Friday, September 30, 2016

My Favorite Chef Peter X. Kelly to Guest Chef at Millbrook's Harvest Party

I am sooo excited!  One of my favorite chefs is going to be the "Guest Chef" at Millbrook Vineyards & Winery's harvest party.

If you have never attended one of Millbrook's harvest party, you must come.  It is a first class event with the beautiful fall foliage of the vineyard as the backdrop. The food is always amazing and this year will be no different with Chef Peter X. Kelly.

Peter X. Kelly is the Chef  owner behind Restaurant X & Bully Boy Bar, X20 Xaviars on the Hudson, Xaviar's at Piermont and The Freelance Cafe and Wine Bar. A Hudson Valley native and although he's a couple years older than me, we went to the same high school (Roy C. Ketcham). His food and service is outstanding!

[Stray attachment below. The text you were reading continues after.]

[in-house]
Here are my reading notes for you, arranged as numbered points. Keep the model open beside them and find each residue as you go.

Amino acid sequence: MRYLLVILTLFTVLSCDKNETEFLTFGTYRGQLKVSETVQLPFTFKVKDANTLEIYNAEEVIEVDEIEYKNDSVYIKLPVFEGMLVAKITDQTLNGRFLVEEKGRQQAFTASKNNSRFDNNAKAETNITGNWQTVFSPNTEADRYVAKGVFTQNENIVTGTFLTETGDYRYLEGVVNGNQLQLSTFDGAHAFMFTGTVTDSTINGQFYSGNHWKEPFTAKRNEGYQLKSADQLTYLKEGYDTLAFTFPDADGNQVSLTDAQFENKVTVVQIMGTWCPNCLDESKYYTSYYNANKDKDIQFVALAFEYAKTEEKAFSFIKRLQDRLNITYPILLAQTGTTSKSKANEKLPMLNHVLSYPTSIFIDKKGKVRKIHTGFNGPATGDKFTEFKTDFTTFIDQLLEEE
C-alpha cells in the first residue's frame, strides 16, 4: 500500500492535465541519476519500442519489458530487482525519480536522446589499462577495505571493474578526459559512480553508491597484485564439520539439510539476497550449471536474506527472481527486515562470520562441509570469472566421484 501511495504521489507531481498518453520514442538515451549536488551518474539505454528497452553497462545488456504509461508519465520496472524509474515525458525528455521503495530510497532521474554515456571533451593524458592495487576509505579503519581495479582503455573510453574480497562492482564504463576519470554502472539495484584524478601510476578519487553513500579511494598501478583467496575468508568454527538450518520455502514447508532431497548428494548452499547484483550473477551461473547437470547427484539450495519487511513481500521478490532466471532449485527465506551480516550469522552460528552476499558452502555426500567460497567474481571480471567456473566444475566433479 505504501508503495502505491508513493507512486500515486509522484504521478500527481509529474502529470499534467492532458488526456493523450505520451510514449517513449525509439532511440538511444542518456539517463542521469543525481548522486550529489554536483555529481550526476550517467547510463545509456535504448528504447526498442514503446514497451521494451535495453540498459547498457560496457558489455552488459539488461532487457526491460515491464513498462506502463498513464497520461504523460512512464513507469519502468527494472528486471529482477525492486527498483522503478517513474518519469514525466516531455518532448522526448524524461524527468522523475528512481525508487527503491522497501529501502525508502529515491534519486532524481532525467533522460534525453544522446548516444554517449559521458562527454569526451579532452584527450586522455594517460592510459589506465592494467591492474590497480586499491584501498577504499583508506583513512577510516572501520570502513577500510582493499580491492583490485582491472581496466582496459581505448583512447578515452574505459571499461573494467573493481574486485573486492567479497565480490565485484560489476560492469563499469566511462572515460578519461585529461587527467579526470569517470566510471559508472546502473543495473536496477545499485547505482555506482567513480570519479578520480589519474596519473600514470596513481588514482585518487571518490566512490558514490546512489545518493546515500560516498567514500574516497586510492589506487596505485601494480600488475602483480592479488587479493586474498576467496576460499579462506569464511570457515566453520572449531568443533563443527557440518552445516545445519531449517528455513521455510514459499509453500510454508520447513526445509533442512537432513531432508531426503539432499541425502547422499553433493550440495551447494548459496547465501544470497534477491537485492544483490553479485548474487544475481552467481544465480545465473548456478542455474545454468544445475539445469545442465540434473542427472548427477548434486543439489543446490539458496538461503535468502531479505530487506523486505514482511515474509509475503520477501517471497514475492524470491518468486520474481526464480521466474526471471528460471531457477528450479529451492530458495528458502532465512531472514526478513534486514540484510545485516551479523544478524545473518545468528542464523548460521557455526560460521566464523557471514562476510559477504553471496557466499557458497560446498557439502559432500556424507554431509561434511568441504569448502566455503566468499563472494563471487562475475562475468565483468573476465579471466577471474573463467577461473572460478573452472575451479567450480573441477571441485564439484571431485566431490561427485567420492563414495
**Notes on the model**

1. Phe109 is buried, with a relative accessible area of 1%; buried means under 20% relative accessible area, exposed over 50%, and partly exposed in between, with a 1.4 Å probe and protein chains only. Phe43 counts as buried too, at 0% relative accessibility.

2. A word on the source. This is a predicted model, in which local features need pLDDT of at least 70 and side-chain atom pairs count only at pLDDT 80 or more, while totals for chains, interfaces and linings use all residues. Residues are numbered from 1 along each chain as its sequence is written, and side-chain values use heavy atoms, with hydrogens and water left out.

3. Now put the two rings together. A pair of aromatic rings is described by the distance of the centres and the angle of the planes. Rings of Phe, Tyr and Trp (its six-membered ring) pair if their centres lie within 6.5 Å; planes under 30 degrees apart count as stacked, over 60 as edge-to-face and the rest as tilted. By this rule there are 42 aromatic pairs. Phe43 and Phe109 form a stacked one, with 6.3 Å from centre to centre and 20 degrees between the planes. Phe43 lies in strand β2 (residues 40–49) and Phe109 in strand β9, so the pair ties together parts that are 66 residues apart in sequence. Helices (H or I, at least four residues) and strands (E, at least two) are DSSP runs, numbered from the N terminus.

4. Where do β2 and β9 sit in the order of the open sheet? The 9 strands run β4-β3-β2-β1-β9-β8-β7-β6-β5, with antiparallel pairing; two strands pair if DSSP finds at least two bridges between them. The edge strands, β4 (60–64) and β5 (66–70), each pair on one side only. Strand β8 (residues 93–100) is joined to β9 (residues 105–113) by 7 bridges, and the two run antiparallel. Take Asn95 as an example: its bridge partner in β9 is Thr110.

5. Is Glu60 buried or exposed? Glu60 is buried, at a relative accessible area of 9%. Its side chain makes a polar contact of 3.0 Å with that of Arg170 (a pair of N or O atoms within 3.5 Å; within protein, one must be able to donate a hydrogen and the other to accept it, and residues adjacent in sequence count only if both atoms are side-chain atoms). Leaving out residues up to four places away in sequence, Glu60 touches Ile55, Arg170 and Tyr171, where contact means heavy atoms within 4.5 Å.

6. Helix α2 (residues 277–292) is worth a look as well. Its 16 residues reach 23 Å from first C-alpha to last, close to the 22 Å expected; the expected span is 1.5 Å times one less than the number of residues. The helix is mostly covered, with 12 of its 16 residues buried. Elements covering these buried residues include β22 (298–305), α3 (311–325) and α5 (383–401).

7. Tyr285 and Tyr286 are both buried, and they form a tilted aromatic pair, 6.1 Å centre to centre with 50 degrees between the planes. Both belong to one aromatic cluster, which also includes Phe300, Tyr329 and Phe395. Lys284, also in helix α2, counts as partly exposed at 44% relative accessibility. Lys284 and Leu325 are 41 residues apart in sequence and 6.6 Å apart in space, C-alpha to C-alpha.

What can you expect at this harvest party? Definitely a good time and great food! You get to meet new friends and in my case, I got to meet two twitter friends at the last harvest party I attended, Marty Gardner (@MartyGardner)  and Veronique Deblois (@foodwinechickie). I can't wait to see them again this year.

There is always the question of what to wear. Most people get somewhat dressed up. Paul wore jeans with a nice shirt and that was acceptable.

The event begins in the Vineyard Grille where we will be sipping on 2015 Tocai Fruilano Proprietor's Special Reserve, 2015 Hunt Country White, 2014 Pinot Noir and Hunt Country Red and snacking on some wonderful appetizers. Then we move into the big tent for a first class meal featuring 4 courses paired with their wine prepared by Chef Peter X. Kelly.You know it is going to be good! Then there is usually a game played where everyone participates and your table is your team. Not sure what Stacy has in mind this year, but you know it will be fun.

Here's your invitation along with the delicious menu. Come join me and have some fun at the Harvest Party. Reservations must be made by October 10. I'll see you there!

Wednesday, September 28, 2016

Wine Word Wednesday: Pinotage

Tuesday, September 27, 2016

5 Facts Everyone Should Know About Umbria's Sagrantino Grape